God Only Knows how the team behind The Impossible Orchestra – BBC Music’s launch advert – managed to rope in 27 musical superstars from around the globe for a top secret, 18 month shoot. Gillian West catches up with the Karmarama executive creative directors behind the ad, as well as BBC’s Neil Caldicott, to find out how they made the impossible possible.
For a broadcaster that doesn’t ‘do adverts’, the BBC has taken the world of advertising to task with the unveiling of The Impossible Orchestra – a promotional film for BBC Music, which aims to position the broadcaster’s music offering as a standalone brand akin to BBC Sport and BBC News.
Over two years in the making, The Impossible Orchestra unites 27 artists from across the world of music – and a tiger – for a unique rendition of the Beach Boys’ classic God Only Knows. Managed by Neil Caldicott, director of marketing and audiences for BBC Music, the secret project is the brainchild of Karmarama executive creative directors Sam Walker and Joe de Souza who, in speaking with The Drum, joke that people have “gotten married and had babies” in the time it has taken them to deliver this project from conception to reality.
Evolving from an initial idea – an orchestral version of Iron Maiden’s Phantom of the Opera – they wanted to do something that felt real and started conventionally, but that had an element of surprise.
“The idea didn’t really change that much,” says De Souza. “We still wanted to do something that started felt organic and started quite conventionally but then grew into something quite magical or unexpected. I think that stayed right until the end.”
What changed, of course, was the song, and using talent – the finished version features an all-star cast including Jake Bugg, Elton John and One Direction taking on Brian Wilson’s 1966 classic. “It was a little bit intimidating for us to pick a song like God Only Knows,” explains Walker. “It’s one of the world’s most loved songs and it’s an unarguable song, even if you are Stevie Wonder.”
Securing the talent was a major hurdle to clear and along with the support of Jeff Smith, head of Radio 2, and George Ergatoudis, head of Radio 1, the project gained momentum recruiting “as big a spectrum of musical talent as possible”. Wilson himself not only gave his blessing, but also features on the track.
In using so much musical talent, comparisons were always going to be drawn with 1997’s Perfect Day which brought together some of the biggest acts of the time to raise money for Children in Need, which is also profiting from sales of God Only Knows.
“The idea was never about a follow up to Perfect Day,” says Walker. “If we had wanted to do Perfect Day 2 it would have been a hell of a lot easier. The way we shot the orchestra coming to life was central to everything. It’s not just talent in front of a green screen, it’s a rich piece that has a narrative you may not expect. We describe it as a two-track thing – one story is the orchestra and the other is the talent and the plot.”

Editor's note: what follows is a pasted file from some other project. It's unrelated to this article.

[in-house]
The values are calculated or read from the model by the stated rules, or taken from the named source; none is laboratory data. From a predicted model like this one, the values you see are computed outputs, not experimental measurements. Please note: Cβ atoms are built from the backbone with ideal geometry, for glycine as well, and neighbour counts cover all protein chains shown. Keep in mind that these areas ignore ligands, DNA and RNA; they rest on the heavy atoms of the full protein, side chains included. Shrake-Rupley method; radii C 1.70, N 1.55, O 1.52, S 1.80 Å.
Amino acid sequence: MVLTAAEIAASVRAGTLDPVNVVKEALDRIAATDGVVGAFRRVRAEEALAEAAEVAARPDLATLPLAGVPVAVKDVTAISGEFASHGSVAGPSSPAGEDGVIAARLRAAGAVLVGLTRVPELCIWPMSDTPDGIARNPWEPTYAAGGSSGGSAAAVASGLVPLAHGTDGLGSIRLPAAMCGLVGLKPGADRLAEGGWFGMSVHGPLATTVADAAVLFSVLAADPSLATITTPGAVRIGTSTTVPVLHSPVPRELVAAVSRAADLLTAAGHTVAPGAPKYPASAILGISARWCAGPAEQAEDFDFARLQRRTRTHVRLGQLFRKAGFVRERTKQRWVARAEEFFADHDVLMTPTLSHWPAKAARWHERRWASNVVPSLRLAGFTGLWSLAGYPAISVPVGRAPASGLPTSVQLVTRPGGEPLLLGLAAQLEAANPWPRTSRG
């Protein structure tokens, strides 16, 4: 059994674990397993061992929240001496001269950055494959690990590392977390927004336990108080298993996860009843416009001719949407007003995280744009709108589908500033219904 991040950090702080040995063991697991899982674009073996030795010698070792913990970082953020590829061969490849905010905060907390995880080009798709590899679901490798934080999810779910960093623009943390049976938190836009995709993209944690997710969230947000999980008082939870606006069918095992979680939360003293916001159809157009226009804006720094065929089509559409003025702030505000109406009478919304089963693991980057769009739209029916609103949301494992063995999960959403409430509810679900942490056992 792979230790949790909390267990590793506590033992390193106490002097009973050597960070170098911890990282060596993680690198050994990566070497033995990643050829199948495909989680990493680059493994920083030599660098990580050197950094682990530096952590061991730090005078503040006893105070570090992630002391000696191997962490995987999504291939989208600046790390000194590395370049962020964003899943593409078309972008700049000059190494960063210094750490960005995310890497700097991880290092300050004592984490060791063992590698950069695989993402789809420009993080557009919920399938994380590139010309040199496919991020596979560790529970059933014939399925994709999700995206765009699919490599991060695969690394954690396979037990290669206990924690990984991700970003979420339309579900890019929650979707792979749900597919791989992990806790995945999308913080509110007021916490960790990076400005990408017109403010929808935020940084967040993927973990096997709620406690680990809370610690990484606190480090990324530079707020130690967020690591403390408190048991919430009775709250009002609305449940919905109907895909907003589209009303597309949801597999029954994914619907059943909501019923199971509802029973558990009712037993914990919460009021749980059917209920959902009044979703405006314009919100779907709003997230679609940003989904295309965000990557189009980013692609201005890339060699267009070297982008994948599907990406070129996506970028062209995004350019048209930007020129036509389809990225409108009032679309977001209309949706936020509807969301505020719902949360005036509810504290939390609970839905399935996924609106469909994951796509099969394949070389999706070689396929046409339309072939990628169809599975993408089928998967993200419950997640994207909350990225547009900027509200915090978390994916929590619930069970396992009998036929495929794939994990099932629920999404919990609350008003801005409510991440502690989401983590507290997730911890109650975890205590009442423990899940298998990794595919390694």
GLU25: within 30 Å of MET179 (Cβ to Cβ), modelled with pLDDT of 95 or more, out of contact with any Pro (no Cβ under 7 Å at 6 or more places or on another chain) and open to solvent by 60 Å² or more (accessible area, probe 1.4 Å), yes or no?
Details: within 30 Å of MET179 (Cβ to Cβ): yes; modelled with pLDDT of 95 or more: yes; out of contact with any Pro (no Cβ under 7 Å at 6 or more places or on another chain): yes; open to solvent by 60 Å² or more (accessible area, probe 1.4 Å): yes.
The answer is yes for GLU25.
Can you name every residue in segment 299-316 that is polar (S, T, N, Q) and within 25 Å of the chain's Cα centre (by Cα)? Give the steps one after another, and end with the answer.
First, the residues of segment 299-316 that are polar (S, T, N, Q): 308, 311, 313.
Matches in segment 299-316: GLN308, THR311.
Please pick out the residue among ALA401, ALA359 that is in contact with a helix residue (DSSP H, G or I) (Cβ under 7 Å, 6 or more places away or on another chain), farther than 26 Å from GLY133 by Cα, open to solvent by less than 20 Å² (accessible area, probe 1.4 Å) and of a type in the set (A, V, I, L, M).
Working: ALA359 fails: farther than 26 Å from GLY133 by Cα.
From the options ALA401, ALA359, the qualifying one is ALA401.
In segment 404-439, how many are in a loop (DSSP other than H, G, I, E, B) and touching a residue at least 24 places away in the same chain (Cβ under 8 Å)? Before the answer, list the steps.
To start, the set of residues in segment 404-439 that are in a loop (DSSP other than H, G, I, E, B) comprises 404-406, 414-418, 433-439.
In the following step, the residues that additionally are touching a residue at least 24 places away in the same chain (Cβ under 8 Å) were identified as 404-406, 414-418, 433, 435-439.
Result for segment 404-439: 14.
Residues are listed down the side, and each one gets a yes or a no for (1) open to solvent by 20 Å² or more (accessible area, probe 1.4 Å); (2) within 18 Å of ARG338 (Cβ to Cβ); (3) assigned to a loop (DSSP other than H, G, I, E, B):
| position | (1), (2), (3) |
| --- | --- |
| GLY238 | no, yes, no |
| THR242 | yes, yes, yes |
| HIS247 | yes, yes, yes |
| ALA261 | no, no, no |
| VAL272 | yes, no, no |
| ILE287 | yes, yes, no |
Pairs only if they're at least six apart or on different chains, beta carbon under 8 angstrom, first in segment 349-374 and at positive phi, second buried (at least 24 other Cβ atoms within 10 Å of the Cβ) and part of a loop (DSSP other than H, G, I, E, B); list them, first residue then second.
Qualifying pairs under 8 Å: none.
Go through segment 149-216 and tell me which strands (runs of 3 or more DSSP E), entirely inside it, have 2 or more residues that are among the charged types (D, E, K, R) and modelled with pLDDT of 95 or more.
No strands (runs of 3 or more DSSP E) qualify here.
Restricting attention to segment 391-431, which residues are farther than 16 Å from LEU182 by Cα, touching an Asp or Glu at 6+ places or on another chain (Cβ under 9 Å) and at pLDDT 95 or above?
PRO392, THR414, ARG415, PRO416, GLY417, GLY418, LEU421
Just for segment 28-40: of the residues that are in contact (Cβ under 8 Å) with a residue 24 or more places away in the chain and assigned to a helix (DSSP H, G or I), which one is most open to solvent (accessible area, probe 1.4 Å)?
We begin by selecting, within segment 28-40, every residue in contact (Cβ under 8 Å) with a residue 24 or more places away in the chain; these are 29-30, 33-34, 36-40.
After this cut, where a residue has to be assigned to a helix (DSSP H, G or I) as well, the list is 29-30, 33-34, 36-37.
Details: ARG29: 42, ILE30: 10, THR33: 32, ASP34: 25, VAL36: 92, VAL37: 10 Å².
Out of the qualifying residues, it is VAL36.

Directed by Francois Rousselet, the biggest challenge, according to De Souza, was working around the schedules of ‘international megastars and contemporary superstars’.
“We didn’t know who we were shooting or where and when,” he says. “We’d get a call to say this person was available and we’d have to sit down at a moment’s notice and work out an idea that would then need to be sent over to their management.”
The team wrote an entire music video for each act’s three to four second slot to enable each artist to stand out while remaining part of plot. “There are various sections of the film that are linked. For example, Stevie Wonder has crystals with little fractal rainbow colours surrounding him, and in the piece of music beforehand with Kylie Minogue in the bubble there are reflections and rainbow colours,” says Walker.
They also laid down some ground rules to their all-star cast – no one gets more than one line in the song other than Brian Wilson, no one looks to the camera except for Wilson at the end, and everyone wears their interpretation of concert dress to make sure they “belong to the performance”.
Working only from bits and pieces of track and film, De Souza says the 18-month shoot made him feel like he was “constructing a jigsaw without knowing what the picture was”, with Stevie Wonder getting the dubious honour of both the project’s highest and lowest points.
“The day Stevie Wonder said yes was the best day ever,” recounts Walker. “Then he said he couldn’t do it because he was ill and everyone crashed. When he called later and said ‘I think I can do it if I change my flight and we film tomorrow’ it took us all of two seconds to say yes.
“It took him a while to warm up. It was like listening to an instrument being tuned as his voice became more and more like Stevie Wonder we all know and love. He asked for some Fisherman’s Friend and we went out and got some, and then all of a sudden, it was Stevie Wonder singing. And it’s one of the best lines on the track.”
Recalling the process from a client point of view, Caldicott admits the free flowing structure of the shooting schedule was “not a comfortable place to be” and that his “absolute trust” in Walker and De Souza’s vision saw him through. “Why bring these guys on board and have them in the room if you’re not going to trust them?” he says, adding that if he’d felt comfortable for 18 months, the end result would have been “something pretty bland”.
“It’s quite extraordinary for us as creatives to have that relationship with a client,” adds De Souza. “We couldn’t have done it without the level of trust we were given. Neil always said as long as we were close to the brief in what we were trying to do we were free to run in directions we wouldn’t necessarily have been able to with other clients.”